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Wasp Spider, adult female.

Wasp Spider Andy

Wasp Spider & old Skin.

Female Wasp Spider Guarding Nest.

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Female Wasp Spider wrapping prey.

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Male & Female Wasp Spider.

Wasp Spider (Argiope Bruennichi)

I probably have more photographs of this orb web spider than any other taken in the wild, this species is originally from continental Europe. I have found these spiders on the edges of local lakes and forest paths, especially in wild unmanaged fields where only cattle graze. When found by members of the public it is often mistaken for a dangerous foreign spider especially with its distinctive black and yellow markings. Female spiders reach a size of 15mm.

I have photographed the males which are pale brown with a yellow abdomen and very small, looking like a different species of spider. It is said that the males will wait for the female to shed its skin before mating, knowing the jaws of the female are then too soft for her to eat him. I have not witnessed this but have photographed both female and male resting on the same web. Some spiders will offer a female food during mating to deter being eating. Their large webs are created from ground level in a gap in long grass and by looking for the vertical zigzag pattern of silk from the centre to the bottom of the web is always the easiest way to find them. The large females usually sit face down in middle of the web resting in the sunshine, when an insect is detected trapped in its web it moves at speed to capture its prey quickly wrapping it with silk often leaving it to eat later.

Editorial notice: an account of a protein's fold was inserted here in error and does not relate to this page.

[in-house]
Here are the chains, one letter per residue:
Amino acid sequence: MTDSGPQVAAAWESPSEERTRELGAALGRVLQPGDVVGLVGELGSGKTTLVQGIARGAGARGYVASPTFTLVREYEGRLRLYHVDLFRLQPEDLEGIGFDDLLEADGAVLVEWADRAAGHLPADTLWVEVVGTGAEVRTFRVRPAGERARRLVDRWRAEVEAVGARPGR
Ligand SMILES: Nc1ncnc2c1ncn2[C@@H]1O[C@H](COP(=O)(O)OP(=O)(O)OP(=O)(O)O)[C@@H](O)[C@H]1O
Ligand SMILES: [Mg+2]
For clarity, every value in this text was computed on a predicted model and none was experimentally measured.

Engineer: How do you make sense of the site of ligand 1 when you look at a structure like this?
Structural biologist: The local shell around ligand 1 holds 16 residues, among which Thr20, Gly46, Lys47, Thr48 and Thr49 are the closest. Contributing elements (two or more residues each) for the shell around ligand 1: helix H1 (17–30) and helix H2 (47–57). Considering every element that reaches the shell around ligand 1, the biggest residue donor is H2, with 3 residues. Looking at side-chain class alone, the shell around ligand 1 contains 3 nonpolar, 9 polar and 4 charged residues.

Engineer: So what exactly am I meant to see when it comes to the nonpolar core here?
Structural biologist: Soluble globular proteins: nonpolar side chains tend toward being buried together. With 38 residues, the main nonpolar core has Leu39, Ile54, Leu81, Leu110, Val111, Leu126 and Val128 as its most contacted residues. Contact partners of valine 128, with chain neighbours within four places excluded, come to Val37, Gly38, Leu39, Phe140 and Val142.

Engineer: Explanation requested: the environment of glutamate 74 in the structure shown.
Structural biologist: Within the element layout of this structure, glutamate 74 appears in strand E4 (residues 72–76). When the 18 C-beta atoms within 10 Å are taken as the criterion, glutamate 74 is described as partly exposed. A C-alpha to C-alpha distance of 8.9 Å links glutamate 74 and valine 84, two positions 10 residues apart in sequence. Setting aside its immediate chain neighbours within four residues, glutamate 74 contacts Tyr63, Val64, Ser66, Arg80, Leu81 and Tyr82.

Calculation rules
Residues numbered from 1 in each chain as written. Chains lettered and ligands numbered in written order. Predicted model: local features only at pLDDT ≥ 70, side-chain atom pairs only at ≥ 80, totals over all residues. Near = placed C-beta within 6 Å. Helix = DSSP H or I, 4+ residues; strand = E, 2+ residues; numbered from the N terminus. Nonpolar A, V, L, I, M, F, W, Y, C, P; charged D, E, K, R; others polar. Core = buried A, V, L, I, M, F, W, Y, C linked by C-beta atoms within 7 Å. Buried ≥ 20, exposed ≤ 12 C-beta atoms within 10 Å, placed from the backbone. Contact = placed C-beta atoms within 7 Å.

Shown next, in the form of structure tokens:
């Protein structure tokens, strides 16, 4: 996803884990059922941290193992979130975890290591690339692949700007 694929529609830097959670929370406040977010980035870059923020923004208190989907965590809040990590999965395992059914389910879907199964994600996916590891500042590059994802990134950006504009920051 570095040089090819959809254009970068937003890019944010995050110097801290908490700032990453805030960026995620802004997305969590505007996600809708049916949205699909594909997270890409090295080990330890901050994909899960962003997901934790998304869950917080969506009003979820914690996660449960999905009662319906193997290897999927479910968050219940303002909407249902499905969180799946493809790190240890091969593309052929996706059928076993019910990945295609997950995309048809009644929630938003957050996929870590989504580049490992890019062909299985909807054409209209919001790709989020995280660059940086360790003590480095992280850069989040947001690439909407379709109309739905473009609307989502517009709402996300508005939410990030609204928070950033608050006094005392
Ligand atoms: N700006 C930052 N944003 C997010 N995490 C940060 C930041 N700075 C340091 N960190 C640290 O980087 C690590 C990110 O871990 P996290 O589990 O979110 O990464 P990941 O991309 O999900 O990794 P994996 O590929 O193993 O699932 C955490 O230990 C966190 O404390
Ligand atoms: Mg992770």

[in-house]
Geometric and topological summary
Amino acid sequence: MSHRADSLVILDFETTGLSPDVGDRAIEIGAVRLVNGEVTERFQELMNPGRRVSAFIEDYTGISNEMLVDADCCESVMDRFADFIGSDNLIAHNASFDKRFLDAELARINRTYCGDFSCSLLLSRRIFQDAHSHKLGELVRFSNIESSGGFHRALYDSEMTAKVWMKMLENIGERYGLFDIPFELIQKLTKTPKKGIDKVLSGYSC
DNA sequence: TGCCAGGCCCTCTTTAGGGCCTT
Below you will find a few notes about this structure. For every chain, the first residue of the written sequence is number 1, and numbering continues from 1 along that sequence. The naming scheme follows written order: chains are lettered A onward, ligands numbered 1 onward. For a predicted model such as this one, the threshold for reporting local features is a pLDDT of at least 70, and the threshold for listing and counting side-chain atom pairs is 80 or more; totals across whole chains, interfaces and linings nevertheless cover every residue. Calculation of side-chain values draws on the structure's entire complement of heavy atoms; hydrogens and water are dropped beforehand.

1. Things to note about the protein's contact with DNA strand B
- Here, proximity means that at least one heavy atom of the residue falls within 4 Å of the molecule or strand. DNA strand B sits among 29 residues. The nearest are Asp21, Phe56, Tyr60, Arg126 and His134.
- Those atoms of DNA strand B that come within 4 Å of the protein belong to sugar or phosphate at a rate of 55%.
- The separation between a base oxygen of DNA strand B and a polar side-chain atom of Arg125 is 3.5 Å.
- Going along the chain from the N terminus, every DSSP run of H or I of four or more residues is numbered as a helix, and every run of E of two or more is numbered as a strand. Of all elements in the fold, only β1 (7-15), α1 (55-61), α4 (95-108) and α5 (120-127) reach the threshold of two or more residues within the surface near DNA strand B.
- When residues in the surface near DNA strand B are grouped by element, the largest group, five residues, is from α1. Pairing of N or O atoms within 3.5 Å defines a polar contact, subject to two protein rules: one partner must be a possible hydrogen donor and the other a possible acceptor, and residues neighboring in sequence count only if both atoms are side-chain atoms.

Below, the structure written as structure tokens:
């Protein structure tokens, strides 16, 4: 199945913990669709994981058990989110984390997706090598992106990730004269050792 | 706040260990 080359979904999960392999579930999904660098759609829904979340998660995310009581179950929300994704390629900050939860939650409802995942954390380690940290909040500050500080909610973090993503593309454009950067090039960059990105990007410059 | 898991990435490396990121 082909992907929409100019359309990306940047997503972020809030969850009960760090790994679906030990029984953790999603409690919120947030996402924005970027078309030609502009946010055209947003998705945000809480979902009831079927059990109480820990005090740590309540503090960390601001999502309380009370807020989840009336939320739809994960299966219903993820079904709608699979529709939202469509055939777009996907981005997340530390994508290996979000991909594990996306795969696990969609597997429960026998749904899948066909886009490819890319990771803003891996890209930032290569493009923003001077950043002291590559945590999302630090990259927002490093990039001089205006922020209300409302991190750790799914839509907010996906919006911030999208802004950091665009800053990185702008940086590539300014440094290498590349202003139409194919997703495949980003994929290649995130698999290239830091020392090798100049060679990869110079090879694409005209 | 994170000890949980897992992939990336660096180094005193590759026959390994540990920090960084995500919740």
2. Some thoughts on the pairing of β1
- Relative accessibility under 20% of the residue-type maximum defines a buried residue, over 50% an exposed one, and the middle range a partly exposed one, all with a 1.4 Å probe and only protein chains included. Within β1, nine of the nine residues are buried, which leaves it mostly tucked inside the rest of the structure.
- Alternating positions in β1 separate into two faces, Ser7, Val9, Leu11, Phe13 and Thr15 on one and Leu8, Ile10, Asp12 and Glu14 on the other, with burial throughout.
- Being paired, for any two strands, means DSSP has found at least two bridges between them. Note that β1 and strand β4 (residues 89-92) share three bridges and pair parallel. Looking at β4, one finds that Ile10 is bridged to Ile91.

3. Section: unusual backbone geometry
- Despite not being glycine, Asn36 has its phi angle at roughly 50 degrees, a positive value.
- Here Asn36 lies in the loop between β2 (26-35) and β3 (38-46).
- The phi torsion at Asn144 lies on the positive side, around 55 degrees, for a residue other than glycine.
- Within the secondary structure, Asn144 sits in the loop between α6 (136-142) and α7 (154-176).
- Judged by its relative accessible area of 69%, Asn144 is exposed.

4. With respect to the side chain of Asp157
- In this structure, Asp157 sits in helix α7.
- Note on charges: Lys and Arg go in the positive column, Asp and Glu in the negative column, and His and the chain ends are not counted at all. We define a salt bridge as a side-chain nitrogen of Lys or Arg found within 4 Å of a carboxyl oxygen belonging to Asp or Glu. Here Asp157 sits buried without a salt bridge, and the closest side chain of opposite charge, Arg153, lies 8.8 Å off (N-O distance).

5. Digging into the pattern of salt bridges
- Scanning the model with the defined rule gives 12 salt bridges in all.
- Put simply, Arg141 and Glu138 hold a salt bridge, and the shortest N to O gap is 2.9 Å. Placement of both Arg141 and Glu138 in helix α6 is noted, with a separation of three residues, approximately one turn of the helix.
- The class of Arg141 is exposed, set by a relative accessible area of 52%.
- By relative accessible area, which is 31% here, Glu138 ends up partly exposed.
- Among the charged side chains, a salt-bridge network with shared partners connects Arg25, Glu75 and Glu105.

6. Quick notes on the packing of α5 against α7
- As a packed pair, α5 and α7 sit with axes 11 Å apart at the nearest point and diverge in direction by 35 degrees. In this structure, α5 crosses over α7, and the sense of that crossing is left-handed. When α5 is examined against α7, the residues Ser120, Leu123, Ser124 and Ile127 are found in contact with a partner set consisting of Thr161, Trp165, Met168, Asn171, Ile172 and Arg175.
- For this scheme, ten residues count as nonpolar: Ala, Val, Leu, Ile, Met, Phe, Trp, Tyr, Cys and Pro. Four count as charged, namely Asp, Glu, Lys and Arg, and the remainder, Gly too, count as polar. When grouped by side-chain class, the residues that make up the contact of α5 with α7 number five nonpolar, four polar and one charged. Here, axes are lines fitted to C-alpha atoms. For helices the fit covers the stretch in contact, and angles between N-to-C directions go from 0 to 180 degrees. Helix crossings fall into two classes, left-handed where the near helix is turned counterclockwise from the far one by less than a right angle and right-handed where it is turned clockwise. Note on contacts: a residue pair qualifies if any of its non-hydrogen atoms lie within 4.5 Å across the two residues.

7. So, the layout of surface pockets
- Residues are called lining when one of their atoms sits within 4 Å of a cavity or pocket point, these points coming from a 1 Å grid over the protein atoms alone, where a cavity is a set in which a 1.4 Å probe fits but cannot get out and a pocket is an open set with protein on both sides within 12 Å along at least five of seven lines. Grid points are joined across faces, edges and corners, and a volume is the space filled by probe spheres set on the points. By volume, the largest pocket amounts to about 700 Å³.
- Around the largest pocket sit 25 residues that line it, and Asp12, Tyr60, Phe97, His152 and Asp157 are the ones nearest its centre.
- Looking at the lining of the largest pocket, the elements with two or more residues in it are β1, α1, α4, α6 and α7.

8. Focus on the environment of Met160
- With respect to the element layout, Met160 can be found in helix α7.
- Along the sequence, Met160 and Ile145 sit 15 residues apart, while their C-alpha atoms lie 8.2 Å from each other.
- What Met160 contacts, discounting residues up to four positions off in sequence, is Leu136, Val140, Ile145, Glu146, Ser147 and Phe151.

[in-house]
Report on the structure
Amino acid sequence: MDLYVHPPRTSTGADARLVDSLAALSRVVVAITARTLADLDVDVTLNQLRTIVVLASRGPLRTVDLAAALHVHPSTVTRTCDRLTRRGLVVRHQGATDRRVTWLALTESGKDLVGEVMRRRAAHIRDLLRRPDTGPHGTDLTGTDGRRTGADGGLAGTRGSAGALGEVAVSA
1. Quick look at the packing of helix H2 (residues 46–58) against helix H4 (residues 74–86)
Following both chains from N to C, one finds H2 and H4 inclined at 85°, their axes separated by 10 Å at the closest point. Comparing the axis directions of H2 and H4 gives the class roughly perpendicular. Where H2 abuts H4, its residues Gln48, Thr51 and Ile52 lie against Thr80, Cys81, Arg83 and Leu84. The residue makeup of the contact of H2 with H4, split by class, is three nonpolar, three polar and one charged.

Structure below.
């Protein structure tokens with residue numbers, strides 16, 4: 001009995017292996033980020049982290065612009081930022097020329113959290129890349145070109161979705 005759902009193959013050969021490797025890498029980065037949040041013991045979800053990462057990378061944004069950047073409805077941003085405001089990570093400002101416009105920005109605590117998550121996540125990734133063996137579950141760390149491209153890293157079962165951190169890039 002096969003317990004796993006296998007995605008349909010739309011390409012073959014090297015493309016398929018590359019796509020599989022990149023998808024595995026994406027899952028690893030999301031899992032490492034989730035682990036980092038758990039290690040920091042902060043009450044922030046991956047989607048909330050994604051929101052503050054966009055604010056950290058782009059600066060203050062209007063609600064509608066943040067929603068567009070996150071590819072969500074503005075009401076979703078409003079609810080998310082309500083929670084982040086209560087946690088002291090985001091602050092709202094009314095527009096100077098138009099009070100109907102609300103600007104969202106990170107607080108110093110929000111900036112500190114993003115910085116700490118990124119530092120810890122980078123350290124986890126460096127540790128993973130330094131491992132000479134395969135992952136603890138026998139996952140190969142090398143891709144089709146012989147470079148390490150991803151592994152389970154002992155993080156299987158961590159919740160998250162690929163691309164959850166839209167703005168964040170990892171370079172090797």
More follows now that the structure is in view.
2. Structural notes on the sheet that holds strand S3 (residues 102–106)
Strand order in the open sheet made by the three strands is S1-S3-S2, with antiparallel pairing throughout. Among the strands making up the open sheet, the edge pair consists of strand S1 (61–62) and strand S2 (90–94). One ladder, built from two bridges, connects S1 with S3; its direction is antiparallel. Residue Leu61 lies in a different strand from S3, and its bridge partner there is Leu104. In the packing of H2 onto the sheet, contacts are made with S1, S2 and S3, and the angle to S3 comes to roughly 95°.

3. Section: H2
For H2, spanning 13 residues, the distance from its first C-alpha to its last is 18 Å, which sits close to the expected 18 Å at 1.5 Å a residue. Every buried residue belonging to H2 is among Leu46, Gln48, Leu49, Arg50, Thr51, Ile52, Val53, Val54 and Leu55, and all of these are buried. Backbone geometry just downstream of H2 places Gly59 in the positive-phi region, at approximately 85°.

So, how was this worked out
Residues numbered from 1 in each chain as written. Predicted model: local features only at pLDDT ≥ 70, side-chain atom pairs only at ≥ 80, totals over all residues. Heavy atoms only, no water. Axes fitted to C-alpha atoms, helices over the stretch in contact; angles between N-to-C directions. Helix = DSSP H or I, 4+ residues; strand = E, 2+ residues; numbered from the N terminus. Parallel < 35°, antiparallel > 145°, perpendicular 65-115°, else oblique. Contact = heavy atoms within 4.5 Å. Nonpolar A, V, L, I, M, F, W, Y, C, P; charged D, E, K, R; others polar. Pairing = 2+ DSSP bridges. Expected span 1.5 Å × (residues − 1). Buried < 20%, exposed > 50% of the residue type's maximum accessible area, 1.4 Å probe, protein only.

Wasp Spider, adult female.

Wasp Spider, adult female.

The wasp spider will always return to the centre of web resting just above the zigzag-shaped silk on its web. Their main diets is flies and especially grasshoppers, they will also tackle larger prey. I have seen one female eating a large bush cricket and another a bumble bee. At the end of summer before it turns cold the female makes a nest shaped like a pot, she will guard the nest for a few days to a week, not long after she will die. The nest is left to survive through the winter, which is probably why they do well in unmanaged fields. The siblings hatch in the spring. A lovely spider and well worth the trouble to observe or photograph in the wild.